USW and Shell make progress in refinery talks

MOSCOW (MRC) - The United Steelworkers union (USW) has made progress on some issues in contract talks with Shell Oil Co, which is the lead negotiator for U.S. refinery and chemical plant owners, said Hydrocarbonprocessing.

Many tough issues remain to be resolved at the bargaining table, the sources said. The sources declined to identify on which issues progress has been made or which remain to be resolved between the union negotiating on behalf of 30,000 refinery, chemical plant and pipeline workers and Shell Oil, the U.S. arm of Royal Dutch Shell Plc.

The union is seeking a pay increase of 8 percent a year for each year of a three-year agreement that would take effect when the current contract expires on Feb. 1. Shell has not identified any of its proposals in the first negotiations since a strike in 2015 when more than 7,000 workers walked off their jobs for several weeks.

Monday’s message comes after the United Steelworkers said on Friday it had rejected a proposal from Shell for an automatic extension of negotiations when the contract expires.

In addition to the pay increase for workers, who on average earn USD40 an hour after four years on the job, the USW has said it is seeking improved standards to prevent fatigue as well as additional health and safety representatives, including at small plants.

The union also hopes to gain greater protection for pipeline workers traveling to remote locations and performing high-risk work.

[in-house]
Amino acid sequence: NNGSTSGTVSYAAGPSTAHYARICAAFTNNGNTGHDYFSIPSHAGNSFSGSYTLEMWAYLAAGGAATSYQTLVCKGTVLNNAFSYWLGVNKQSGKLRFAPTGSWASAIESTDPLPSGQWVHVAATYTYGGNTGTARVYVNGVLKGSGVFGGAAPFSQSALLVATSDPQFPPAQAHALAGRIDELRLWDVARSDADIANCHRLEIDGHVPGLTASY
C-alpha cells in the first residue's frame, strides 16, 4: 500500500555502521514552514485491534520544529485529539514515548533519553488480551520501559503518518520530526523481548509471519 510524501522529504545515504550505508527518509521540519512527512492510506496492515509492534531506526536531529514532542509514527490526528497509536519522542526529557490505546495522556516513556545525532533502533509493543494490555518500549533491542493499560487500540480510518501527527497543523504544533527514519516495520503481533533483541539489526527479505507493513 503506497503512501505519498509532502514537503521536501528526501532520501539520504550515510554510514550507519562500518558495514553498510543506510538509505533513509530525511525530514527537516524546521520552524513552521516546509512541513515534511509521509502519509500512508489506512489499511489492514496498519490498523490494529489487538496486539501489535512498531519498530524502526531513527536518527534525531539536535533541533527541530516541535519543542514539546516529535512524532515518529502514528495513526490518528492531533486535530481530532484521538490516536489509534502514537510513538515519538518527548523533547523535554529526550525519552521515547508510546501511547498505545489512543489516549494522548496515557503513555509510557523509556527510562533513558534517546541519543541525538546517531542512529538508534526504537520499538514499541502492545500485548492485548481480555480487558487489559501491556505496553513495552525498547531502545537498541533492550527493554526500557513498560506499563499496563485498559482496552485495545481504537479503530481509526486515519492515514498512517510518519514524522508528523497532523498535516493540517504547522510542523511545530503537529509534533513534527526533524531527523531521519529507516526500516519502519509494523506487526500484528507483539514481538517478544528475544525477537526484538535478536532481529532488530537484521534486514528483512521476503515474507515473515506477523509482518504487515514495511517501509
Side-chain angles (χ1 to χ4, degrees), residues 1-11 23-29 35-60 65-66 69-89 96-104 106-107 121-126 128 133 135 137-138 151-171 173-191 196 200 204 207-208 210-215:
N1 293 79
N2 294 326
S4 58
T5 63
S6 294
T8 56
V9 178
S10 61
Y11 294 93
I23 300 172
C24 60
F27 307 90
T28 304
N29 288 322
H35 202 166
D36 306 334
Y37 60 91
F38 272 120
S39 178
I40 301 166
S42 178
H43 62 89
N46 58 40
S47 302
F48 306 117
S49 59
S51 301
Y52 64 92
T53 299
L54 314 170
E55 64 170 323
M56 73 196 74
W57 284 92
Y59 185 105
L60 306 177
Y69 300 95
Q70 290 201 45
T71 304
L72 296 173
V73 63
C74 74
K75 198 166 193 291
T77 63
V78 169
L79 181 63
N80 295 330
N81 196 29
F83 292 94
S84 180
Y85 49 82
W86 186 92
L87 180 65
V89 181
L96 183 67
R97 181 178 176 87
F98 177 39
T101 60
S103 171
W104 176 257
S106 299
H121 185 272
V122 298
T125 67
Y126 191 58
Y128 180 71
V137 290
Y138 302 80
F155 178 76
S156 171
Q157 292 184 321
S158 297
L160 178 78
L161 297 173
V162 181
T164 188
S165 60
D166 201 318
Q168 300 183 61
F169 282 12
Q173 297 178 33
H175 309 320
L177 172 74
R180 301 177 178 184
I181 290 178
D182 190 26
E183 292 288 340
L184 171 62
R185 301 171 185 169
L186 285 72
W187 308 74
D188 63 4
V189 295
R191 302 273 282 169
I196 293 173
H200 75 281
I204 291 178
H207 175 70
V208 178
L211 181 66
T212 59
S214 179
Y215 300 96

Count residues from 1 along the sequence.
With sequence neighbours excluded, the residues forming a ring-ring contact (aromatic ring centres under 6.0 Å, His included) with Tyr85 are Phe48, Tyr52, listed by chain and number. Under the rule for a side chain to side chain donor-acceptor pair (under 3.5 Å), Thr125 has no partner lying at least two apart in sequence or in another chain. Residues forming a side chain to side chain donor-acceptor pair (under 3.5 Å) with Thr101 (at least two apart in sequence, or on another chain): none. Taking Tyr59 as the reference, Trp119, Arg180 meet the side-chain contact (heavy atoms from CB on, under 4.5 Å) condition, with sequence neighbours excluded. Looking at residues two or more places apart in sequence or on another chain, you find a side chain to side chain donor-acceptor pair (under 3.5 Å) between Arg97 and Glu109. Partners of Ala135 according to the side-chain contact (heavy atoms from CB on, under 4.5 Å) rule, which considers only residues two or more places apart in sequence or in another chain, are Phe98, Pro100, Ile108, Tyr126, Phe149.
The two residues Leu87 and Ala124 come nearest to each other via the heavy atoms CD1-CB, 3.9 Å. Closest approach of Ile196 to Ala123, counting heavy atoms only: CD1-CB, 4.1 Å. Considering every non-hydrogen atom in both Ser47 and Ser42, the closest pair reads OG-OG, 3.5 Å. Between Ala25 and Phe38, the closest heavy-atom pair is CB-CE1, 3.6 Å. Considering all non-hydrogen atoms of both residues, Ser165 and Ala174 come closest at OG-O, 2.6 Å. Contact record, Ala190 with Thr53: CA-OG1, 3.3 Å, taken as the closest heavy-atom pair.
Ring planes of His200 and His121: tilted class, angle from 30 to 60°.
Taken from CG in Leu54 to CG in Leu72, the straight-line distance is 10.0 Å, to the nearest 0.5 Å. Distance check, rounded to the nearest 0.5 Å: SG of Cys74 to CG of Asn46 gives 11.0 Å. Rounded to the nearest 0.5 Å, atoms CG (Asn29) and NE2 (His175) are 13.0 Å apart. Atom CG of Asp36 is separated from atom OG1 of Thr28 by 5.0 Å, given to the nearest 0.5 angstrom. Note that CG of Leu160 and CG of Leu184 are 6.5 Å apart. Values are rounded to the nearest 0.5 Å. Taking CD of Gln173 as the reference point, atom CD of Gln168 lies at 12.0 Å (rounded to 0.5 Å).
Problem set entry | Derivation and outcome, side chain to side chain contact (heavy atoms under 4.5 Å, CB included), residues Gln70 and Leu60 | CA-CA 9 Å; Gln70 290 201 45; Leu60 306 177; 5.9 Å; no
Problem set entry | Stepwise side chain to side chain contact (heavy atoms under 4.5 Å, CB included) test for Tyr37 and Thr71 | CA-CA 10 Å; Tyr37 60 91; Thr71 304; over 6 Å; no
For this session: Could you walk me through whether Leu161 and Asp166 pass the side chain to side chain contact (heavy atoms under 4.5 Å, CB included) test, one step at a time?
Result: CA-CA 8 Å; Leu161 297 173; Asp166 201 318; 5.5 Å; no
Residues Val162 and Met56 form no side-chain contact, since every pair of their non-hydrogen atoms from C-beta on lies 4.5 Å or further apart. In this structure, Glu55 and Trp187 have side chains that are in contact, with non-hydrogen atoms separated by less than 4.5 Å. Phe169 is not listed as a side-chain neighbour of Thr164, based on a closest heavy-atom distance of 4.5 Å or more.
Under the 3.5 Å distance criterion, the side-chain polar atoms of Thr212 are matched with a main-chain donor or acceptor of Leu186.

Shell has been the lead company in contract talks for U.S. union-represented refinery workers since 1997.

U.S. sanctions on Venezuela would reroute crude, leave refiners short

MOSCOW (MRC) - Potential U.S. sanctions on Venezuela’s crude oil exports would cut off the nation from Gulf Coast refiners that are among its biggest customers, likely forcing it to send more crude to China, India or other Asian countries, traders said, as per Hydrocarbonprocessing.

U.S. refineries that depend on Venezuela’s heavy crude would have even more trouble securing supplies as Canadian and Mexican crudes are often not as discounted and are limited in availability. The United States is considering moves to cripple Venezuela’s oil shipments, which account for nearly all of the country’s exports, in response to the reelection of President Nicolas Maduro that was widely viewed as a sham.

Washington has recognized opposition leader Juan Guaido as Venezuela’s president as protests against Maduro erupted across the country. It is also considering sanctions on oil deliveries, a move it has until now resisted, energy company sources told Reuters.

Venezuela, on average, exported about 500,000 barrels of crude a day to the United States in 2018, according to U.S. Energy Department data. Those shipments fell in November to an estimated 358,000 barrels per day, however, according to a report by Caracas-based consultancy Gas Energy Latin America seen by Reuters. The U.S. share of its exports has declined in recent years with more shipments going to Russia and China.

Those deliveries are being made largely through oil-for-debt repayment structures as output from state-run oil company Petroleos de Venezuela, S.A., known as PDVSA, has slumped to near 70-year lows in a nationwide economic crisis. Venezuela’s output has been cut in half since 2016 to less than 1.2 million bpd, according to figures from OPEC secondary sources.